• Financial advisors always have your best interests in mind
• And more…

If you have $500,000 or more to invest, I recommend downloading your free guide today!


1 Wall Street Journal. February 16, 2024.

2 ZIM may amend or rescind the “The Zacks Bear Market Survival Kit.” guide for any reason and at ZIM’s discretion.

3 ZIM may amend or rescind the “The Zacks Bear Market Survival Kit.” guide for any reason and at ZIM’s discretion.


Past performance is no guarantee of future results. Inherent in any investment is the potential for loss.

Zacks Investment Management, Inc. is a wholly-owned subsidiary of Zacks Investment Research. Zacks Investment Management is an independent Registered Investment Advisory firm and acts as an investment manager for individuals and institutions. Zacks Investment Research is a provider of earnings data and other financial data to institutions and to individuals.

This material is being provided for informational purposes only and nothing herein constitutes investment, legal, accounting or tax advice, or a recommendation to buy, sell or hold a security. Do not act or rely upon the information and advice given in this publication without seeking the services of competent and professional legal, tax, or accounting counsel. Publication and distribution of this article is not intended to create, and the information contained herein does not constitute, an attorney-client relationship. No recommendation or advice is being given as to whether any investment or strategy is suitable for a particular investor. It should not be assumed that any investments in securities, companies, sectors or markets identified and described were or will be profitable. All information is current as of the date of herein and is subject to change without notice. Any views or opinions expressed may not reflect those of the firm as a whole.

Any projections, targets, or estimates in this report are forward looking statements and are based on the firm’s research, analysis, and assumptions. Due to rapidly changing market conditions and the complexity of investment decisions, supplemental information and other sources may be required to make informed investment decisions based on your individual investment objectives and suitability specifications. All expressions of opinions are subject to change without notice. Clients should seek financial advice regarding the appropriateness of investing in any security or investment strategy discussed in this presentation.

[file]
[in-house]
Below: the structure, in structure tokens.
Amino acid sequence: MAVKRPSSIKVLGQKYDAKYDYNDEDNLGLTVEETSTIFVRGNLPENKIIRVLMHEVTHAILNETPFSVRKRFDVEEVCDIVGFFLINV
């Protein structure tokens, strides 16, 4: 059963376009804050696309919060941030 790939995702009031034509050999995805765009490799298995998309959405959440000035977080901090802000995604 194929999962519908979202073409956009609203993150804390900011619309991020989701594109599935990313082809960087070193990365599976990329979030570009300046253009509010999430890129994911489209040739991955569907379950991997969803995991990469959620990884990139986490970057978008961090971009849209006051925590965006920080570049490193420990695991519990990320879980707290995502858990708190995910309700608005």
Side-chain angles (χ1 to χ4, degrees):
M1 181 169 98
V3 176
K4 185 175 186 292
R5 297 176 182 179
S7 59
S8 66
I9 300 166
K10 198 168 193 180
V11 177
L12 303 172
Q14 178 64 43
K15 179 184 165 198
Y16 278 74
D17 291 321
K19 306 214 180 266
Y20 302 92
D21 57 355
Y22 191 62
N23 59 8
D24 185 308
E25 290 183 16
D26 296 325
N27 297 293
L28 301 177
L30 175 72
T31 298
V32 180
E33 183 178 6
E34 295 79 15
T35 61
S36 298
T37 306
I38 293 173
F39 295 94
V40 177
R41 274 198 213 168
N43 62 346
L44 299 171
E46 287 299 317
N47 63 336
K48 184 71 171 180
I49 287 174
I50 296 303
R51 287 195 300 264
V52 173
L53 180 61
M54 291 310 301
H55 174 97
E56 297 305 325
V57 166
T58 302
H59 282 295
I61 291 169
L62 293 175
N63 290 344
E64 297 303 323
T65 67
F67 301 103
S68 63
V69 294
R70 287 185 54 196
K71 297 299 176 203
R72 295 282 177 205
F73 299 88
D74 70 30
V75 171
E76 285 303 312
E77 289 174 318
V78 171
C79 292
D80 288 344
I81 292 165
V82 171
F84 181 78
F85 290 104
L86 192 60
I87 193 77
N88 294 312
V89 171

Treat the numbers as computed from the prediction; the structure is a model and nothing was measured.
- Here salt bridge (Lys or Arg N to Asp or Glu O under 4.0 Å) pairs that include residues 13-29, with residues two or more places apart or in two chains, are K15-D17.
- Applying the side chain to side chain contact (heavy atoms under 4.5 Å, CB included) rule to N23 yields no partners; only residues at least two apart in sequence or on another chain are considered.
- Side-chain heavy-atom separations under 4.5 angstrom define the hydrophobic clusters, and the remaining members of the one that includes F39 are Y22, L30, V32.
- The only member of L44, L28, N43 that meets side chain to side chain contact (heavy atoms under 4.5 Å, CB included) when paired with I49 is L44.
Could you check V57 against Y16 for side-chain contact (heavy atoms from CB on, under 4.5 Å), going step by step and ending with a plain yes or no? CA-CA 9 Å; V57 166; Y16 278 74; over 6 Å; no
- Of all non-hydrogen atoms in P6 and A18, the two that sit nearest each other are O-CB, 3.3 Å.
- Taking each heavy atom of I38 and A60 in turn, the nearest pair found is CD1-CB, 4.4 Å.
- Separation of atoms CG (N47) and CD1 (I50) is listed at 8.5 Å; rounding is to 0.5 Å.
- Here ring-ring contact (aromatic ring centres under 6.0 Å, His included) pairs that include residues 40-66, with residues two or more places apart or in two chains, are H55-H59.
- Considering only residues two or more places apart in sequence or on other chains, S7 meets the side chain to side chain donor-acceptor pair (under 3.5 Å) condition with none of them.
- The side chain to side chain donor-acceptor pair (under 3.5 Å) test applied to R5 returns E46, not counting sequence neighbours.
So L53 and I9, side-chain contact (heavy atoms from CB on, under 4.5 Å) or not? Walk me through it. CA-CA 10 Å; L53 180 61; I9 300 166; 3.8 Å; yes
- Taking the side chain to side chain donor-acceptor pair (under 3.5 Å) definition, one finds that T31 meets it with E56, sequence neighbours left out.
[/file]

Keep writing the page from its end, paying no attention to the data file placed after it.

Certain economic and market information contained herein has been obtained from published sources prepared by other parties. Zacks Investment Management does not assume any responsibility for the accuracy or completeness of such information. Further, no third party has assumed responsibility for independently verifying the information contained herein and accordingly no such persons make any representations with respect to the accuracy, completeness or reasonableness of the information provided herein. Unless otherwise indicated, market analysis and conclusions are based upon opinions or assumptions that Zacks Investment Management considers to be reasonable. Any investment inherently involves a high degree of risk, beyond any specific risks discussed herein.

The S&P 500 Index is a well-known, unmanaged index of the prices of 500 large-company common stocks, mainly blue-chip stocks, selected by Standard & Poor’s. The S&P 500 Index assumes reinvestment of dividends but does not reflect advisory fees. The volatility of the benchmark may be materially different from the individual performance obtained by a specific investor. An investor cannot invest directly in an index.

Questions posed are for demonstrative and informational purposes only and may not reflect the views of current clients or any one individual.
Rate Cuts May Be Pushed Back, Shoppers Retreat, Oil Market Uncertainty
Inflation In January: A Closer Look At Its Impact And Implications

Explore Zack’s Archives

Mitch's Mailbox
April 17th, 2024
Apple’s Antitrust Lawsuit And The Regulation Of Tech
Read more
Private Client Group
April 16th, 2024
Inflation Nears Fed target, Services Sector Expands In March, Signs Of Housing Recovery
Read more
Mitch on the Markets
April 15th, 2024
Oil Prices Are Rising Fast—Should Investors Be Worried?
Read more
Mitch's Mailbox
April 10th, 2024
How To “Spring Clean” Your Finances
Read more
Private Client Group
April 9th, 2024
Getting Closer To 2% Inflation, U.S. Sector Expands, And An Update In The U.S. Housing Market
Read more
Mitch on the Markets
April 8th, 2024
Looking To Elevate Your Investments With Fewer Decisions? Read This.
Read more

Daily financial tips directly
from the Zacks family.




I'm a Private Client I'm a Financial Professional